Not too long ago, having a visible tattoo at work was frowned upon in certain professions such as law, healthcare and finance. American societal norms are rapidly changing, almost by the day. Many influential figures in the public eye have helped in the evolution of tattoo culture. This has inspired many who used to view tattoos as rebellious or tacky now see it as normal behavior in 2020.
Celebrities like Rhianna, Dwayne “The Rock” Johnson, Lady Gaga, Adam Levine and Post Malone are all body art enthusiasts. It is no surprise that other influential people have inked themselves in the name of creativity and individualism. The Prime Minister of Canada, Justin Trudeau even sports a tattoo on his arm.
In order to understand how this new way of thinking has occurred and has become common over the last four decades in The United States one must consider history and understand the act of getting a tattoo has actually been around for thousands of years.
The history of tattoos stems back to multiple cultures for various reasons and purposes behind the work. Sadly, these are not always due to personal choices or for reasons of happiness. It is important to resolve that during the Second World War; thousands of people were painted with the ID numbers of German concentration camps. It must be understood that this still brings painful memories to survivors and their ancestors. This had an impact on how some Americans and others across the world viewed body art and modifications.
Less than thirty years ago tattoos and non-traditional piercings were considered inappropriate unless you were a mechanic, record store associate or bartender. It’s a fair assumption to say that during this time, many people associated tattoos with drug addicts, bikers, and others who were considered criminal in some way.
Modern society has adapted to a culture that accepts and embraces those with tattoos, both men and women, with the same frequency. People with body-artwork work in a variety of industries and hold entry-level jobs as well as top senior executive positions.
For instance, the national sales manager of a distribution company can now be covered in tattoos from head to toe. Most would never be aware unless this person was spotted out in public on the weekend wearing a t-shirt and shorts on a summer day. Gone are the days that being heavily tattooed will prevent one from having gainful employment or earning a six-figure yearly salary.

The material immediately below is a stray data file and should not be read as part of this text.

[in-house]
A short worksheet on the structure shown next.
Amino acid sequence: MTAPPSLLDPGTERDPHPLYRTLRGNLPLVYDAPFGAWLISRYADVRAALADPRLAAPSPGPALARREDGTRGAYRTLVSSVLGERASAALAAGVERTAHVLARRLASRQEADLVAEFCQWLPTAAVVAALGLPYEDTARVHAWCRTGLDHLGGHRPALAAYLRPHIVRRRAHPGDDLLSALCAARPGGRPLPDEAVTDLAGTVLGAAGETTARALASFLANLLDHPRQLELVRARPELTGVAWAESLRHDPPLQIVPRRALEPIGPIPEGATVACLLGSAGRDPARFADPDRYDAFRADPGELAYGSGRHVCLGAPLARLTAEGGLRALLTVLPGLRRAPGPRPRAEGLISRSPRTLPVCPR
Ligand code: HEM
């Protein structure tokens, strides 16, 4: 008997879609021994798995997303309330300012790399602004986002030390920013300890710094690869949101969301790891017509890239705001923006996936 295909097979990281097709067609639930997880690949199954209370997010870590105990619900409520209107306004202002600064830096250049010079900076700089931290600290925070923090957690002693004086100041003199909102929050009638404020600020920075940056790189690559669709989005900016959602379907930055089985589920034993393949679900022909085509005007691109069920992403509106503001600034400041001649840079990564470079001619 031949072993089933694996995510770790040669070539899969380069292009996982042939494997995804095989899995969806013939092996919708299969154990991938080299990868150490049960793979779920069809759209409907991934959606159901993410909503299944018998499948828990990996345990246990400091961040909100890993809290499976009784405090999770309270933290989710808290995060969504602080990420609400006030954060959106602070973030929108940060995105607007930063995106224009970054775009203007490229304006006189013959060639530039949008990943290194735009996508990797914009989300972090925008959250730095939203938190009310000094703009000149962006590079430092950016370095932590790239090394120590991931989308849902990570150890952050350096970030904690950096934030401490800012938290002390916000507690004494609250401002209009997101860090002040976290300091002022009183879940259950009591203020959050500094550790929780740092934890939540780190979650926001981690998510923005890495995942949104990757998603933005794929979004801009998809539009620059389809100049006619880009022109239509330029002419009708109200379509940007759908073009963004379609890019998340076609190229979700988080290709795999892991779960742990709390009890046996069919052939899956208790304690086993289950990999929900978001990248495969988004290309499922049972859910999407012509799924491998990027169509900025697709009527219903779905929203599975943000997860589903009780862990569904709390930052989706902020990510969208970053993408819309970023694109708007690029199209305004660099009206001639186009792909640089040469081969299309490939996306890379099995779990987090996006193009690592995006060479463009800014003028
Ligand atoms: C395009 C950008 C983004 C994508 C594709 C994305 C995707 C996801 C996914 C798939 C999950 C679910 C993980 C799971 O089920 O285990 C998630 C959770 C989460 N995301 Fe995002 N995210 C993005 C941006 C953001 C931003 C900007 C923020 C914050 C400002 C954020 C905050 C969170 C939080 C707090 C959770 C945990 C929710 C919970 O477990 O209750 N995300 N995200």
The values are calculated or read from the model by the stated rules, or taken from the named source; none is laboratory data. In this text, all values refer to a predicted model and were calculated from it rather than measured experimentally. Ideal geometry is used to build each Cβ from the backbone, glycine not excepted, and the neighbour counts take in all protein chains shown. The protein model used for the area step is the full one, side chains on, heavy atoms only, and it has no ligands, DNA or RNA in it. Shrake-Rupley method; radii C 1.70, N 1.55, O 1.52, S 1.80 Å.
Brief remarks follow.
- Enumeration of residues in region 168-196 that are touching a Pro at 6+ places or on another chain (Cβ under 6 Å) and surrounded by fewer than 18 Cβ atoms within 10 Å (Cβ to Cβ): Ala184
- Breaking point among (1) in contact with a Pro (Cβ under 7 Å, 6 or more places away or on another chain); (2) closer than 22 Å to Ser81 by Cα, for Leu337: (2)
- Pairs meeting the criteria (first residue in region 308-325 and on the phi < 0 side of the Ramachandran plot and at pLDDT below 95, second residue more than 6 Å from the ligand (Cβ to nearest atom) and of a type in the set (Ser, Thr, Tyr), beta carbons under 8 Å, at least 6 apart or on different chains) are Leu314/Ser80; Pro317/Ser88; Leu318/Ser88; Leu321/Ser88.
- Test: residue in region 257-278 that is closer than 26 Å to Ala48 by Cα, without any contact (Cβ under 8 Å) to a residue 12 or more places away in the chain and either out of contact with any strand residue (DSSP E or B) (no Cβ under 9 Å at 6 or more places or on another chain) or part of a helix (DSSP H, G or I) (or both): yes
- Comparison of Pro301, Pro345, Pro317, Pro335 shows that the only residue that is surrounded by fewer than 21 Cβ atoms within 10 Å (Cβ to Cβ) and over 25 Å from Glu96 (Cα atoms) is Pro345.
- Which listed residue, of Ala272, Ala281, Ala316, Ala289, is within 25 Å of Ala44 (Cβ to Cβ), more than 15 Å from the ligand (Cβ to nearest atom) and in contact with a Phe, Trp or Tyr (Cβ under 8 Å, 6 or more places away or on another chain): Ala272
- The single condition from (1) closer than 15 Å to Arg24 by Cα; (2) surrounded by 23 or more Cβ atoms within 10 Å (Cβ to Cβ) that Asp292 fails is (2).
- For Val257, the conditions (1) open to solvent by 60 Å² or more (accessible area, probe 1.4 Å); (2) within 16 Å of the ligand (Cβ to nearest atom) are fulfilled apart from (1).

Many professionals across the region have tattoos in a variety of places on their bodies and are employed in varied positions including but not limited to registered nurse, police communications operator, paramedic, active military (Air Force), public school teacher and finance project manager.
These specific professionals come from T Rowe Price, Baltimore County Public Schools, Comcast, Maryland Police, Greater Baltimore Medical Center, Baltimore City Fire Department, Traveler Insurance, and Northrop and Grumman.
A few of these employers do ask that an employee cover their visible tattoos, but others do not have such policies. Former Baltimore City School Teacher, Phillip Johnson explains, “I’m not 100% sure but I normally go into interviews with long sleeves so they can’t see my tattoos. I don’t think I’ve been discriminated against with my gauges.” (Earrings that widen the earlobe)
Johnson recalled a conversation with a supervisor when he was a teacher. “When I was interviewed as a teacher, I took my gauges out and asked about the dress code. The principal responded if I was referring to my earplugs. So, to my surprise she was already ok with me having stretched ears. However, I also was working as the Graphic Arts Teacher so that setting was acceptable with the look I suppose.” Johnson currently utilizes his bachelor’s degree in digital art ad-graphics as a freelance digital artist.